• Therefore R&D + other sources = total knowledge capital
  • Implement this knowledge capital, you get innovation outputs (New products sales share).
innovation research3

Innovation Research

  • However, high sales share a poor proxy for knowledge capital as one piece of knowledge, one new product, can account for even 100% of sales
  • What then is knowledge capital and innovation outputs?
    • R&D = Innovation inputs
    • Knowledge from R&D = Innovation outputs
    • Conversion success (Extent of new products sold) = Innovation outputs’ outputs
    • Contribution to productivity = Innovation outputs’ outputs’ outputs
    • Serious equivocation issues
innovation research knowledge capital4

Innovation Research: knowledge capital

  • Besides, again, very little of new products sales shares is accounted for by R&D (Mairesse and Mohnen, 2002)
  • In fact, for the vast majority of small firms, the introduction of new products is something that ‘just happens’ (Vermeulen et al., 2005)
  • In developing countries, (small) firms churn out new products all the time with little R&D, whether imitations or basic ingenuity/ creativity.
innovation research knowledge capital5

Innovation Research: knowledge capital

  • In LDCs, unable to employ the conventional constructs of innovation such as R&D investments and “new to the market/ new to the world” originations, anything new at the firm level is considered as innovation (Mytelka, 2000; van Dijk and Sandee, 2002).
  • Methodologically, without R&D inputs, the structural CDM model cannot work in developing countries; new products do not derive from R&D.
  • Besides, since high new products sales shares may be from high sales of one new item, that may even be an imitation, sales shares a poor proxy of knowledge capital
  • Innovation research hamstrung by a “certain degree of ‘fuzziness’ with respect to basic concepts” (Fagerberg, 2004)
rethinking knowledge three dimensions

Rethinking knowledge: Three dimensions

  • Knowledge assemblage: the magnitude and substance of what is known.
    • A collection of “modules of knowledge”.
    • Each module of knowledge is produced, i.e. discovered, only once (fixed costs, but no marginal costs except for transmission).
    • Different modules have different levels of substance, e.g. General Purpose Technology has a higher substance than a solution to a minor bug
  • Knowledge lore-range: how many people are proficiently knowledgeable about a given module
  • Knowledge mileage: the extent to which a given module of knowledge is employed in actual production
rethinking knowledge three dimensions2

Rethinking knowledge: Three dimensions

  • Since capital stock refers to capital employed in production, with intangible knowledge, it is the increasing the mileage of a particular module of knowledge, and not increasing the assemblage of knowledge, that is equivalent to increasing physical capital stock
  • Merely increasing the assemblage, through R&D, e.g. Nokia’s hoard, or increasing the lore-range through education, without employing the knowledge in production yields no output
  • Stocks of knowledge capital vs stacks of knowledge capital
rethinking knowledge three dimensions3

Rethinking knowledge: Three dimensions

  • Developing countries - different scenarios:
    • High mileage, and therefore low marginal product, from old technologies
    • Low lore-range, and therefore low mileage, in new high substance knowledge (ICT, etc)
    • Low contributions to new knowledge, and therefore, no first-mover advantage/ technological leadership. Hence, low marginal product by the time they join the technological bandwagon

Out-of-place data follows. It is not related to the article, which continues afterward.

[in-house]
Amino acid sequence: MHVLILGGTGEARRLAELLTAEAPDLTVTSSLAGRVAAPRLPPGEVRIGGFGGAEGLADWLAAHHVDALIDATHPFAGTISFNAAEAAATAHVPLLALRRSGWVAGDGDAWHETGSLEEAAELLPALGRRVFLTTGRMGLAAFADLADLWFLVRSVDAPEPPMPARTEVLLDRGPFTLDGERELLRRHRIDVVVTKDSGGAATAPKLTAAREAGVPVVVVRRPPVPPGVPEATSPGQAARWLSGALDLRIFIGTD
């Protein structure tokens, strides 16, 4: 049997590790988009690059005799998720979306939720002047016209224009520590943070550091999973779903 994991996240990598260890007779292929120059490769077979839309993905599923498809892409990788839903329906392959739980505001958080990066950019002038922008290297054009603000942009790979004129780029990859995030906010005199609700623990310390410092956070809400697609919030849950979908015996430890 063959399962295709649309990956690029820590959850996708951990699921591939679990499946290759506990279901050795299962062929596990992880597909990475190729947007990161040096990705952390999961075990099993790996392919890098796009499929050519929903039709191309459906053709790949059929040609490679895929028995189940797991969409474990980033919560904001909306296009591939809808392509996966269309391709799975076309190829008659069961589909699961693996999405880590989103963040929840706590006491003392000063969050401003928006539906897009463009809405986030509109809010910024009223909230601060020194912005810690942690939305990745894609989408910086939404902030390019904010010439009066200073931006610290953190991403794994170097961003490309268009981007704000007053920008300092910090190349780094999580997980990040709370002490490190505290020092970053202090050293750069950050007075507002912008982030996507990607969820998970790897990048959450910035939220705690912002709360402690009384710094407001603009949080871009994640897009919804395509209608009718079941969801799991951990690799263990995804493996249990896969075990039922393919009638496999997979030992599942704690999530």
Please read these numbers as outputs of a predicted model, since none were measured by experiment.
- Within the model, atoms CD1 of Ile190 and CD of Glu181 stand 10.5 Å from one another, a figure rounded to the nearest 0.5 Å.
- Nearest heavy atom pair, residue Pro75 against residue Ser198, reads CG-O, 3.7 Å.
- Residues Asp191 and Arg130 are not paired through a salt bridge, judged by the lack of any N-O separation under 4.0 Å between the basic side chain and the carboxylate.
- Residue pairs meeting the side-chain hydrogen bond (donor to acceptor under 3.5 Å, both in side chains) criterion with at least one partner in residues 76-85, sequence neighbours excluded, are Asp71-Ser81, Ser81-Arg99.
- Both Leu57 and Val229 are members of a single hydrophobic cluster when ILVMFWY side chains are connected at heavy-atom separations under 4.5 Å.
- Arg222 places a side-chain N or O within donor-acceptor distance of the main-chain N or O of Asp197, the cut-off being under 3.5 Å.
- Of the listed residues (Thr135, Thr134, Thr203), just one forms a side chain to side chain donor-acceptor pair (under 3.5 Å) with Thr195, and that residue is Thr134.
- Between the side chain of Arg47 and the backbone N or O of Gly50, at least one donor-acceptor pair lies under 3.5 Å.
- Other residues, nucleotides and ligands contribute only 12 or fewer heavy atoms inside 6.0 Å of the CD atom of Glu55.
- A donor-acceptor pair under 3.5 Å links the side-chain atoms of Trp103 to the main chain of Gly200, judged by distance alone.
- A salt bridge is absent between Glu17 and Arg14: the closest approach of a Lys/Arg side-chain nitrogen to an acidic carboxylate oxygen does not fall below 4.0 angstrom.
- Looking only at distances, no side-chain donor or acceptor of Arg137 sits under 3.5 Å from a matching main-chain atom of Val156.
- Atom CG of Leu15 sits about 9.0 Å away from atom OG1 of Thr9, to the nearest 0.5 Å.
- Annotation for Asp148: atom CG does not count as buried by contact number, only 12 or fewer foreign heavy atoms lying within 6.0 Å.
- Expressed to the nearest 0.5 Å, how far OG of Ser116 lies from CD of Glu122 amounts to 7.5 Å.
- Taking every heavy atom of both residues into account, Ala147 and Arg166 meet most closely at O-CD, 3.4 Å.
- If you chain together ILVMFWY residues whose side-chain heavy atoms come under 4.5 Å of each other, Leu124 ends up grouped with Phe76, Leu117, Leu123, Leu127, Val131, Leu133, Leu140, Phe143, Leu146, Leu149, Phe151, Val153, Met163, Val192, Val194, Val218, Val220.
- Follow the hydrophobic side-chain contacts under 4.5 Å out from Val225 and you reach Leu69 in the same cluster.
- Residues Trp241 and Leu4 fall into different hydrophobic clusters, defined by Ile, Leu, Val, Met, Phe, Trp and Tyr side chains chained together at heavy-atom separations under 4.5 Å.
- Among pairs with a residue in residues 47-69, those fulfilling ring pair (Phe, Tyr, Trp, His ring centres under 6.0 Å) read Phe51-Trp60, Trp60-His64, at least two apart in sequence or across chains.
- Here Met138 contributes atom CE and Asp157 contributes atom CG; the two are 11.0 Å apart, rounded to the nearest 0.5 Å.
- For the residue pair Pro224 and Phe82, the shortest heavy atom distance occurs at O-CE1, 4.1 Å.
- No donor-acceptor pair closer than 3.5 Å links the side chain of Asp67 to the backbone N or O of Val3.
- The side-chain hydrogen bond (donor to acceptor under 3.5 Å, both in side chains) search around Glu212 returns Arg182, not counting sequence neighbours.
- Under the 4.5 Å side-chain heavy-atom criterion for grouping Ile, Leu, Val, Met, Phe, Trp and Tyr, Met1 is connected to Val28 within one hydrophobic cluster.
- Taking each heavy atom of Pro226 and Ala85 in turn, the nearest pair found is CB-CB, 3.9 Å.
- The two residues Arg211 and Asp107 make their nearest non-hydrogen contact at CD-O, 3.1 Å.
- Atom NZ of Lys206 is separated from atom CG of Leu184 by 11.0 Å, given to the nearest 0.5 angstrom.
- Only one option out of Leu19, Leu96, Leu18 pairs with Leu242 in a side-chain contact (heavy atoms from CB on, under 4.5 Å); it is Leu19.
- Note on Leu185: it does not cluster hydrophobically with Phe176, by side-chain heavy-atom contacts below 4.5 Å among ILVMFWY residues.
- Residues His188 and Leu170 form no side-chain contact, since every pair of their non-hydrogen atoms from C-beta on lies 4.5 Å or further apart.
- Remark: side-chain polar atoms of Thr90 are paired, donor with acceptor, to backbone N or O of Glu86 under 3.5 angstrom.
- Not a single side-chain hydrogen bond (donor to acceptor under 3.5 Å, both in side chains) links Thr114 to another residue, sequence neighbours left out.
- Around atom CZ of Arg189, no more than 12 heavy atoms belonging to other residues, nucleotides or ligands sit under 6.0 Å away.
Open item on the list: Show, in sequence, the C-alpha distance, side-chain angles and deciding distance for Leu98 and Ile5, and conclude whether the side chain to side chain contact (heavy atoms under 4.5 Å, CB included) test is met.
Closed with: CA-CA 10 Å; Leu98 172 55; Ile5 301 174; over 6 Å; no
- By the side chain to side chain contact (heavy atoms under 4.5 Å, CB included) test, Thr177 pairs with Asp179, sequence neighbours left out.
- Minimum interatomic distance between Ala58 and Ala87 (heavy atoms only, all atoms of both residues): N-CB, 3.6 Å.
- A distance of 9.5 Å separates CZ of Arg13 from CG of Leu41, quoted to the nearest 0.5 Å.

• Low mileage in new low substance modules of knowledge (i.e. monopolistic competition). Highly prodigal introduction of new(ish) products, especially by SMEs
innovation ennovation and the pedigree of productivity growth

Innovation, ennovation and the pedigree of productivity growth

  • Knowledge is not innovation, since, as above knowledge can be treated as a factor of production (capital)
  • Back to the original Schumpeterian insight
  • Economic development (productivity growth) comes from “carrying out new combinations of factors of production”
  • From “novate” – simply make new
  • Thus, the essence is that change happens in/ to the firm’s production function. It is this that effects a change in the output, hence growth
slide21

Innovation, ennovation and the pedigree of productivity growth

  • Early research assumed change is only from R&D, so innovation = R&D
  • When this was not confirmed, investigate the indirect impact of R&D on productivity, therefore innovation inputs → outputs →outputs’ outputs
  • But we see, lots of changes ‘new combinations of factors of production’ with no R&D or any observable ‘knowledge’ inputs at all – the case with many small firmsin developing countries
  • We explain very little productivity growth
  • Alternative approach, try to explain ultimate output change itself proceeding backwards
slide22

Innovation, ennovation and the pedigree of productivity growth

  • Productivity/ production growth is wholly attributable to the aggregate of yet unidentified changes in the inputs side. Growth is the manifestation of these actual changes
  • Simulating Schumpeter, define, ennovation: the occurrenceof new combinations of factors of production
  • Simply captures the occurrence of change. Unlike innovation, no claim/ requirement that the firm/ entity in questions is the first to carry out this change.
  • Shares of sales of new products  the extent to which the firm has shifted production towards new products
slide25

Implications

  • Separation of the various concepts and constructs
  • No need to consider sub-samples of innovators in research – selection bias issues
  • Inferencing extant studies, e.g. why R&D explains very little of new products sales shares.
  • Contributes to the growth accounting framework
  • Unriddles the “Swedish paradox” – high marginal assemblage of knowledge (through R&D), low mileage. Cf. Nokia
  • Operationalisationproblems remain, especially the mileage of knowledge